tissues. So, complex multicellular life with
skeletons and Shells is well preserved in the rock
record. And begins to give us the first
unequivocal evidence that complex Multicellular life had begun to emerge on
the Earth at about 540 million years ago. And this period, where we start to start
to see these Multicellular organisms rapidly increasing
in the Rock record, is called the Cambrian
Explosion. Literally because of an explosion, a vast
increase in The number of preserved multicellular
organisms in that rock record. It would be very easy to think of The history of life as a very simplified
thing. We start off with unicellular organisms,
and then the emergence Of multicellular life, and a gradual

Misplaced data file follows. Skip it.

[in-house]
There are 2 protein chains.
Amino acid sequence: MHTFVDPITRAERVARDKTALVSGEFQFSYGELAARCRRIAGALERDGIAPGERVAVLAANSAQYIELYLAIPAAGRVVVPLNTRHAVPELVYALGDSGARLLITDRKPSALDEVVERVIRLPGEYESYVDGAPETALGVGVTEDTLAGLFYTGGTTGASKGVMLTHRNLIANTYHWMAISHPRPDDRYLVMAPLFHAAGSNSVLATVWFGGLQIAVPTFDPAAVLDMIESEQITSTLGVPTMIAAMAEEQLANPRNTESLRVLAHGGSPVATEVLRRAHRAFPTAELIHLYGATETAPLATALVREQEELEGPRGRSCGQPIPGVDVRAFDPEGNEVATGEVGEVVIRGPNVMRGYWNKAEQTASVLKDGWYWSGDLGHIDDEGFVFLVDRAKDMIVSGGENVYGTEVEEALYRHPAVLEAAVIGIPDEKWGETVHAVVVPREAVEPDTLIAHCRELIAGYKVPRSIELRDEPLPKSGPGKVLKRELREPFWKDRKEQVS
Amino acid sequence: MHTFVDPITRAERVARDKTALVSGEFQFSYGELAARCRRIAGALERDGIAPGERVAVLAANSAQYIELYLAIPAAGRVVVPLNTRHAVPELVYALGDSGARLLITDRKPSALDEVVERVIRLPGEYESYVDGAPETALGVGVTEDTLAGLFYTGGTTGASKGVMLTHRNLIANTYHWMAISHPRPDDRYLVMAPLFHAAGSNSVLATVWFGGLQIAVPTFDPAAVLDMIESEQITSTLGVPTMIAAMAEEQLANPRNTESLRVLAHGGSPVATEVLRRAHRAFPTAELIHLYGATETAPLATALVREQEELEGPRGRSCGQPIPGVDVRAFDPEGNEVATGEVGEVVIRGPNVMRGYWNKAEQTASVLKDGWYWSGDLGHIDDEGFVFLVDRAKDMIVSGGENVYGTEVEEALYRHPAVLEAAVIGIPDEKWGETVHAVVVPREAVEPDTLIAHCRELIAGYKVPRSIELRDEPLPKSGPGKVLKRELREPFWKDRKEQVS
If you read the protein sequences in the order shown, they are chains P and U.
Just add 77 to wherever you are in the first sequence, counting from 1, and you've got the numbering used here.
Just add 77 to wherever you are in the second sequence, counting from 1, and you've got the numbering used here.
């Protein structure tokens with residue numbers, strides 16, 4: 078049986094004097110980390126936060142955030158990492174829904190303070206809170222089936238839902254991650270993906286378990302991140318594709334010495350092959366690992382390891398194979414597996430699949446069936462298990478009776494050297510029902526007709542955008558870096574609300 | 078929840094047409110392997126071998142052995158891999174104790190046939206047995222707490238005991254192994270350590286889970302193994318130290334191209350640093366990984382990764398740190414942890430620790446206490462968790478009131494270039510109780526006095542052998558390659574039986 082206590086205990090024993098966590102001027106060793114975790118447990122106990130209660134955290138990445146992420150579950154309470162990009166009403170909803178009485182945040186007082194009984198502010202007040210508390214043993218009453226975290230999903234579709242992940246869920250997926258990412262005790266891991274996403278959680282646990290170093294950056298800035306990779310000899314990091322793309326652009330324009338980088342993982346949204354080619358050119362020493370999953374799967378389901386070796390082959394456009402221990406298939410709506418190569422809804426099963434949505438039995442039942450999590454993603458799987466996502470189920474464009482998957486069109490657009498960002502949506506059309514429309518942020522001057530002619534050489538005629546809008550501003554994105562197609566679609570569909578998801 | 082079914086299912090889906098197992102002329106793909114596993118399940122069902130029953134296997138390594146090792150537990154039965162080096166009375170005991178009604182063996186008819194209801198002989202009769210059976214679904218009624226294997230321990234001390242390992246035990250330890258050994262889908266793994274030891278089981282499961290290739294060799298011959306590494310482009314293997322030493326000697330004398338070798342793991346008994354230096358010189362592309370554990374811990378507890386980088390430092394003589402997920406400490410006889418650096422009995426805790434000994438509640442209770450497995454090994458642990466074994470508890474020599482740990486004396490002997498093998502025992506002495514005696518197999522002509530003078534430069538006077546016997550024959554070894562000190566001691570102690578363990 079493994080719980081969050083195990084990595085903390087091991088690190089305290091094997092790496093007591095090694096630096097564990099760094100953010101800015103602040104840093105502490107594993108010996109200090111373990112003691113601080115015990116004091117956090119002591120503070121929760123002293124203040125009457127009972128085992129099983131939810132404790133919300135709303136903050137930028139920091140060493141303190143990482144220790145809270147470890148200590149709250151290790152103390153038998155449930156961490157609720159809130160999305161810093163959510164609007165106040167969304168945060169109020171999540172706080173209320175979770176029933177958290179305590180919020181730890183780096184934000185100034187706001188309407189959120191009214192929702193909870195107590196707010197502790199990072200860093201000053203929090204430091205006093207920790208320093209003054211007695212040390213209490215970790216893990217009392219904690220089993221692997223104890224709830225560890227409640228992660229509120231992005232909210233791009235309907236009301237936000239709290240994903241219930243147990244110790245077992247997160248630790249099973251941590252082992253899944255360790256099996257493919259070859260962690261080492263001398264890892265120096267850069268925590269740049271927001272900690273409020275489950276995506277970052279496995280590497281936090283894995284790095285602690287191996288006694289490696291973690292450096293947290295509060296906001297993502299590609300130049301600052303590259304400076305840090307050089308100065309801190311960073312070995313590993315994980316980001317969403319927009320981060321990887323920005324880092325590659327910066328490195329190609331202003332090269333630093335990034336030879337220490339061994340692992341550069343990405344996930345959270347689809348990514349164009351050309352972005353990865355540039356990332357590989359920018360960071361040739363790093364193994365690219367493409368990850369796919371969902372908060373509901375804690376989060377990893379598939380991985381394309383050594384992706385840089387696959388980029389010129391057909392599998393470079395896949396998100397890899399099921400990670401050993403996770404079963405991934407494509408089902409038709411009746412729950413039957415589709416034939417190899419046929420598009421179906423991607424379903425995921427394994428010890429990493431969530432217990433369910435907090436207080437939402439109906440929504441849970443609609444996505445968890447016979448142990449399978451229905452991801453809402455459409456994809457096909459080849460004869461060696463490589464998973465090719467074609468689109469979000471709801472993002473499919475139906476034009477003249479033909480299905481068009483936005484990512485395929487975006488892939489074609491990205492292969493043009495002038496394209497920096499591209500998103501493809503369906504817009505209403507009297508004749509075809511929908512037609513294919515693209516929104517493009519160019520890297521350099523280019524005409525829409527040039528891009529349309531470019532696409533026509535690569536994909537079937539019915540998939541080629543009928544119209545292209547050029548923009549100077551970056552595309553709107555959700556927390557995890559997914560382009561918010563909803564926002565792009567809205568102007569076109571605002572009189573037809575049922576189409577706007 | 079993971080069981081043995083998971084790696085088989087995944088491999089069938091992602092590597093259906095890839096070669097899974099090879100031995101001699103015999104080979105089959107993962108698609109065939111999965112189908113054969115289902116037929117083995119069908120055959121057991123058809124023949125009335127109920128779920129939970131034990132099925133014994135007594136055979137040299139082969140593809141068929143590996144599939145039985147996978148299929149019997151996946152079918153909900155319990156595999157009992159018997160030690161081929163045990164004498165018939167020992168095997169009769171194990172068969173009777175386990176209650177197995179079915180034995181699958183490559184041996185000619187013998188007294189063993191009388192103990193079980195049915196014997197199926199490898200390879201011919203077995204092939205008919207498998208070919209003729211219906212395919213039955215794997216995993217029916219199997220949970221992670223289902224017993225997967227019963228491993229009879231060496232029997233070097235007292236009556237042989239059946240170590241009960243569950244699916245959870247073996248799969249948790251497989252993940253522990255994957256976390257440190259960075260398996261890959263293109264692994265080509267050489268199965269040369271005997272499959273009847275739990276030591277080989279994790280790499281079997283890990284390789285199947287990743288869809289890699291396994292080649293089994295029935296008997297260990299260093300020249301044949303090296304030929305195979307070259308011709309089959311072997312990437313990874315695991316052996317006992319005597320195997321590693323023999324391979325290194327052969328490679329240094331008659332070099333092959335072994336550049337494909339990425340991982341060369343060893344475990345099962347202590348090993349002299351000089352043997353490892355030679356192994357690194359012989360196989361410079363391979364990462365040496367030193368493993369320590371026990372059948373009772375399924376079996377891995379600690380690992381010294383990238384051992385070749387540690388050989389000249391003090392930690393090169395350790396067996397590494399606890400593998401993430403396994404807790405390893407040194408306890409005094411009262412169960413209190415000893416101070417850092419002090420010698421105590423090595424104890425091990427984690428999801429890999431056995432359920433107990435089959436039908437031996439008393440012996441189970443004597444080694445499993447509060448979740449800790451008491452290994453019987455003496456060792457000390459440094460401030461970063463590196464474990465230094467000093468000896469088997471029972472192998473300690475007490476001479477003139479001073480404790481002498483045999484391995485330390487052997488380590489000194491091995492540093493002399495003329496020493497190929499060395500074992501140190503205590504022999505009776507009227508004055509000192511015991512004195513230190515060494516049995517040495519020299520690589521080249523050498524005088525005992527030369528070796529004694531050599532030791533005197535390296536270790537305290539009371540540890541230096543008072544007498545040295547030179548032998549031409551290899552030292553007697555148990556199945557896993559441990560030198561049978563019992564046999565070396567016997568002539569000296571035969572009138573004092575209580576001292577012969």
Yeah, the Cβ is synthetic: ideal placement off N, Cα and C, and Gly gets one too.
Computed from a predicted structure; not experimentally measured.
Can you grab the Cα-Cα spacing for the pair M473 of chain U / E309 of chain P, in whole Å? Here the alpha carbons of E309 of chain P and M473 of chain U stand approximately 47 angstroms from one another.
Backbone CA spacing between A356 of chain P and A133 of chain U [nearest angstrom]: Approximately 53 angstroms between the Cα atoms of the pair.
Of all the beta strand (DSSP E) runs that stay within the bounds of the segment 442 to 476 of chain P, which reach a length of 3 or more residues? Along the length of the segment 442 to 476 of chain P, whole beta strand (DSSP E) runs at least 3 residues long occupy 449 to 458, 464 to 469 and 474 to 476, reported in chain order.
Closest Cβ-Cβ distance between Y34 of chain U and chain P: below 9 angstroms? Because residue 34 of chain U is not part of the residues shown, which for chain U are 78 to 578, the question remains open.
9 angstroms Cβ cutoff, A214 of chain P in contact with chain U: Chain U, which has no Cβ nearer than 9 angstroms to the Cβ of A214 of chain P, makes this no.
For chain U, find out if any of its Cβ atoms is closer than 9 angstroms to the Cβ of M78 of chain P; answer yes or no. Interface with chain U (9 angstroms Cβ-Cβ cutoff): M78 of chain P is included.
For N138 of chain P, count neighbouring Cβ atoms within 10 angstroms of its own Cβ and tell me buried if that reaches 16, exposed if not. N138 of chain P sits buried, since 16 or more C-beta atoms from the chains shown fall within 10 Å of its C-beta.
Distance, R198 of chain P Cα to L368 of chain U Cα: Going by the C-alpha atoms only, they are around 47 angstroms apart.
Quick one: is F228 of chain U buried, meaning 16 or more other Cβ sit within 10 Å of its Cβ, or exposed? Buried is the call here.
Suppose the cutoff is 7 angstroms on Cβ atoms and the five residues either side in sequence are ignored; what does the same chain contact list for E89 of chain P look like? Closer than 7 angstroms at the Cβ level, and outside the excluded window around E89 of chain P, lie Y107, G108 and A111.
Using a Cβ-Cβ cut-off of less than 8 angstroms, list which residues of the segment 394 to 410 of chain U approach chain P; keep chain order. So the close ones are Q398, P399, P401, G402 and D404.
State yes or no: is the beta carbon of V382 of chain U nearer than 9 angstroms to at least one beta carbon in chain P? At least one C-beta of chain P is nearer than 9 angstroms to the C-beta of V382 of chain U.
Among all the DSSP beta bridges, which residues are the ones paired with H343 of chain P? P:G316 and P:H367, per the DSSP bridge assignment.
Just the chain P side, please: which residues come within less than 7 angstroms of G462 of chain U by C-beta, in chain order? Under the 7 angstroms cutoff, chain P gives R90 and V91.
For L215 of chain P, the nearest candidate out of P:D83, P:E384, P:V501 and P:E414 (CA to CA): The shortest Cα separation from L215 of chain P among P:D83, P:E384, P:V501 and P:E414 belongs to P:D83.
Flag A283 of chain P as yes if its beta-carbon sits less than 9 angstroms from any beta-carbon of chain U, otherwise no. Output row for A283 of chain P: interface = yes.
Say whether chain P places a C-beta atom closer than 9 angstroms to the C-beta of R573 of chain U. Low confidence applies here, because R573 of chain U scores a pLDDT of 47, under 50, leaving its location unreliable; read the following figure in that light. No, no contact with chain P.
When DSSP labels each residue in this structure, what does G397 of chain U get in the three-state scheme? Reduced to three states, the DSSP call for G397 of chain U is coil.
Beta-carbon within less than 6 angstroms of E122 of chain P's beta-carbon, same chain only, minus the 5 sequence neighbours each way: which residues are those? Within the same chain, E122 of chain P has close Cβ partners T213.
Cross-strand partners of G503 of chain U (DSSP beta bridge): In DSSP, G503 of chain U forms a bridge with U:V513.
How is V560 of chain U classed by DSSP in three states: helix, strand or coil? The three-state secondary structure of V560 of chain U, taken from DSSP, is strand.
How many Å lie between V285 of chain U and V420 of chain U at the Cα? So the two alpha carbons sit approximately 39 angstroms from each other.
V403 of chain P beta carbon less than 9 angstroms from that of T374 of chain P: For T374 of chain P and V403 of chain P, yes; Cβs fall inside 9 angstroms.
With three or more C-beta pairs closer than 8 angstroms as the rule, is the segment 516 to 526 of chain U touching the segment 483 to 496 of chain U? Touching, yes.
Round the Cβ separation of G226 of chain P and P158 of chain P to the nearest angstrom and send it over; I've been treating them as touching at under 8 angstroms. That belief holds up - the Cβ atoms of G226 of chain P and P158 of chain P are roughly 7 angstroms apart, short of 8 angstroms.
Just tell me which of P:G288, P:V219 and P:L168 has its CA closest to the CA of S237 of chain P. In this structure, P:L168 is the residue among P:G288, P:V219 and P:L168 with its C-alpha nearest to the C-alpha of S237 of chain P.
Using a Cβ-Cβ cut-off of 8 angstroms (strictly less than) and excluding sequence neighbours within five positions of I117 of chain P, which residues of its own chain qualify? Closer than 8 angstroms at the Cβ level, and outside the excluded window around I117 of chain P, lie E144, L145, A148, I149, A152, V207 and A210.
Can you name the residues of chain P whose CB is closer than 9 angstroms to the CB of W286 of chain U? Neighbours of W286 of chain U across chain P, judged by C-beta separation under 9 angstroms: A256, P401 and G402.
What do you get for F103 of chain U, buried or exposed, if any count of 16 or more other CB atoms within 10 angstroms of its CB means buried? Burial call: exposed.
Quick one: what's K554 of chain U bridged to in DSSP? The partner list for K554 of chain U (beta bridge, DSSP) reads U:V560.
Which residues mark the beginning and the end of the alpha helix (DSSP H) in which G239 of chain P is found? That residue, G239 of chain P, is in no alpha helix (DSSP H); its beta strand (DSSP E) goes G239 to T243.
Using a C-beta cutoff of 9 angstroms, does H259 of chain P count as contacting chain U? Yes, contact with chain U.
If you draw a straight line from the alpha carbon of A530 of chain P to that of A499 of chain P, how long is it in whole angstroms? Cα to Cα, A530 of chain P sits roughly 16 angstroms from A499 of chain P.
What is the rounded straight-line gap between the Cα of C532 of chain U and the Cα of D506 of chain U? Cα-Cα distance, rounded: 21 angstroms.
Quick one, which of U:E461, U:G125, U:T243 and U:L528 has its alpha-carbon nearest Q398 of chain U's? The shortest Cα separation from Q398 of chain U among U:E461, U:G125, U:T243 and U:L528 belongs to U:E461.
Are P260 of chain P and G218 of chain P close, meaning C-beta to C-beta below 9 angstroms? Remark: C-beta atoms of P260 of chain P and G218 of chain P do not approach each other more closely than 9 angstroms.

increase in the complexity and Diversity of that multicellular life.
But that wouldn't be true. In fact, we look in the rock record, We can see that there have been mass
extinctions. Periods in Earth history where large
percentages Of these organisms have literally been
laid waste. In the rock record, we notice five mass
extinctions. And some people even think our current
time, because of the Scale of human impact on the biosphere, is
a sixth mass extinction. During these periods of mass extinction,

Is reduced but then picks up again
afterwards. In fact, interestingly after many of these
mass Extinctions, diversity has increased after
these extinction events. What has caused them? We'll, they're very controversial. For example the cretaceous paleogene
extinction 65 Million years ago, when the dinosaurs went Extinct, is thought to have been caused by